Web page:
Total Rockstar as a person and draftsman. It’s safe to say...NO one ever has been able to draw likenesses like he did in each panel. Any angle always spot on. I wrote him after I scored my first cover for Mad thanking him for being such an inspiration. He wrote me back and was super generous. I still have that letter. Total package of humble human being and supernatural artist. I know he was your friend D. So thankful. Love you!~T

jaleen said...

what a legacy

VanBrunt art said...

He will meet in Heaven so many of the people he immortalized in characiture.

I don't think Mr. Drucker's movie parodies would have been as effective had it not been for his skill as a draftsman. No other artist came close to that, except Wally Wood.

Mort Drucker's virtuosity made those parodies believable as well as hysterical. I must also thank this blog for always posting praises of this unique and exciting artist. One of the absolute greats!!

comicstripfan said...

“There’s more to caricature than drawing a humourous portrait…it’s the subtle nuances of a person…that breathes life into the work. I don’t believe a caricature begins and ends with a face: figure, stance, attitude, expression-all add up to recognition…By matching the expression of the face with the correct hand gesture you can give the work more meaning, dimension, and humor than you can by just capturing a good likeness.”
Mort Drucker On Caricature

Beini said...

I'd just made a blog post about lessons I learned from Drucker yesterday afternoon when I found out this morning Mort had passed away. David I remember finding your post about the way Drucker drew hair and drew hands many years ago and getting all excited thinking wow, I'm not the only one who so enjoyed these details Drucker always generously put in to every panel! I can safely say I learned all I know about drawing from buying MAD magazine, flipping through and hoping the issue contained a movie parody drawn by Mort Drucker, drinking it in and then promptly ripping off his work in creating my own characters. Now, as I get older, I recognize what an unusual talent he was not only in the ways he could draw but in his remarkable generosity. Rest in peace, Mort. Your work has made me the person I am today.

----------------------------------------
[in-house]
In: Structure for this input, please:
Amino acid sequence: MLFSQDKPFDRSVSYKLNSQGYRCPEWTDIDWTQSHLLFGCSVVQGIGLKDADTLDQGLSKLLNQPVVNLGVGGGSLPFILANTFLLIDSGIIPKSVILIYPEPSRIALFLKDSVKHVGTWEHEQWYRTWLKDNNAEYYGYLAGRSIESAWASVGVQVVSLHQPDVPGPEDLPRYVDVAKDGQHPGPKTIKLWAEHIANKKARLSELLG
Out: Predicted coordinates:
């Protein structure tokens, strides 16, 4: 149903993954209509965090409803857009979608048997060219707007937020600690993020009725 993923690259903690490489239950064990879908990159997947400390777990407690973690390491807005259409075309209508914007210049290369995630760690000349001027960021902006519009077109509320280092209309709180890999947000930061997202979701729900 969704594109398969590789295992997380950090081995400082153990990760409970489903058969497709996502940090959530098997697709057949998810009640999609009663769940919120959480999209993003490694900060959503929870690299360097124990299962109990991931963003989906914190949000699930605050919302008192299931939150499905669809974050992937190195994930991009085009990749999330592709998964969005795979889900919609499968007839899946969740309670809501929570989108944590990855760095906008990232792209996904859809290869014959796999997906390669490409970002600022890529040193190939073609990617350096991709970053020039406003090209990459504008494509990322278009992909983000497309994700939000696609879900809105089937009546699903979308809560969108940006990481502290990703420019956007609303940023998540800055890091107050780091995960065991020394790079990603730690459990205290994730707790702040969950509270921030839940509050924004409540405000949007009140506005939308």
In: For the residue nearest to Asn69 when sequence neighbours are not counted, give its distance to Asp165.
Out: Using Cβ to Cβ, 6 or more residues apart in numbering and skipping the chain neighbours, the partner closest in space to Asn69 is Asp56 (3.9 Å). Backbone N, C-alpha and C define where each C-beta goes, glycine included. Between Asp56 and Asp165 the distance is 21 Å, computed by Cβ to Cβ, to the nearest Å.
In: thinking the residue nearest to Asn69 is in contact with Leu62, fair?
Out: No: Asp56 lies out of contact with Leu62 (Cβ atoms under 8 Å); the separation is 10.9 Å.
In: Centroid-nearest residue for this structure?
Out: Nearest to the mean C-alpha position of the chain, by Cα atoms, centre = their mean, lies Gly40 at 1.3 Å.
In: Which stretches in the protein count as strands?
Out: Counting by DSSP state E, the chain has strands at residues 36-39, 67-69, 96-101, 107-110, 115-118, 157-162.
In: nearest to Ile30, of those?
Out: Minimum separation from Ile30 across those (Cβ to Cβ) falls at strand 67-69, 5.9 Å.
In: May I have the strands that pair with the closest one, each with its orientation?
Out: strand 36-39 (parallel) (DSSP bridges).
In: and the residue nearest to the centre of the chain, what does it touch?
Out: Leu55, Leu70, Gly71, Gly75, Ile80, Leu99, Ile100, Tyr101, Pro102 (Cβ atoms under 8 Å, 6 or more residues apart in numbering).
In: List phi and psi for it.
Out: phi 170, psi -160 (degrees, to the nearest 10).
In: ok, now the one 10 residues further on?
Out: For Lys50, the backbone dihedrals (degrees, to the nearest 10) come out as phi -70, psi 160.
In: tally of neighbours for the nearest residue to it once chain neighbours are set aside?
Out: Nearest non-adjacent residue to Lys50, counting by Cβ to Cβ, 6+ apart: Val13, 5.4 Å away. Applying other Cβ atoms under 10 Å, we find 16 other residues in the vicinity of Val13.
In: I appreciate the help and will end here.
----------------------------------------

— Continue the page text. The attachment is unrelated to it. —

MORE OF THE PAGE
Ken said...

Didn't know the man, can't comment on his work from an art perspective, but I can pay him what to me is the highest compliment--he was very funny. Sounds like he was a mensch, to boot.

Dale Stephanos said...

Thanks for your post, David. Drucker was was for me, the gateway drug to what would turn out to be a lifelong addiction to art in all it’s forms. Even after visiting many of the great masterpieces of the art world, that feeling of pure joy while examining every line of Mort’s amazing work never goes away.

I had the privilege of illustrating a couple of Mad covers a few years ago back in the days when you’d deliver an actual painting to the offices in New York City. While I was there I found myself standing over some freshly inked pages of Mort Drucker art. The confidence I had strutting in with my cover art evaporated immediately. Man, that could could draw on a level I knew I wasn’t capable of. I’ve been trying to get there ever since. RIP, Mort!

eagleweb5152@blogspot.com said...

Very nice sir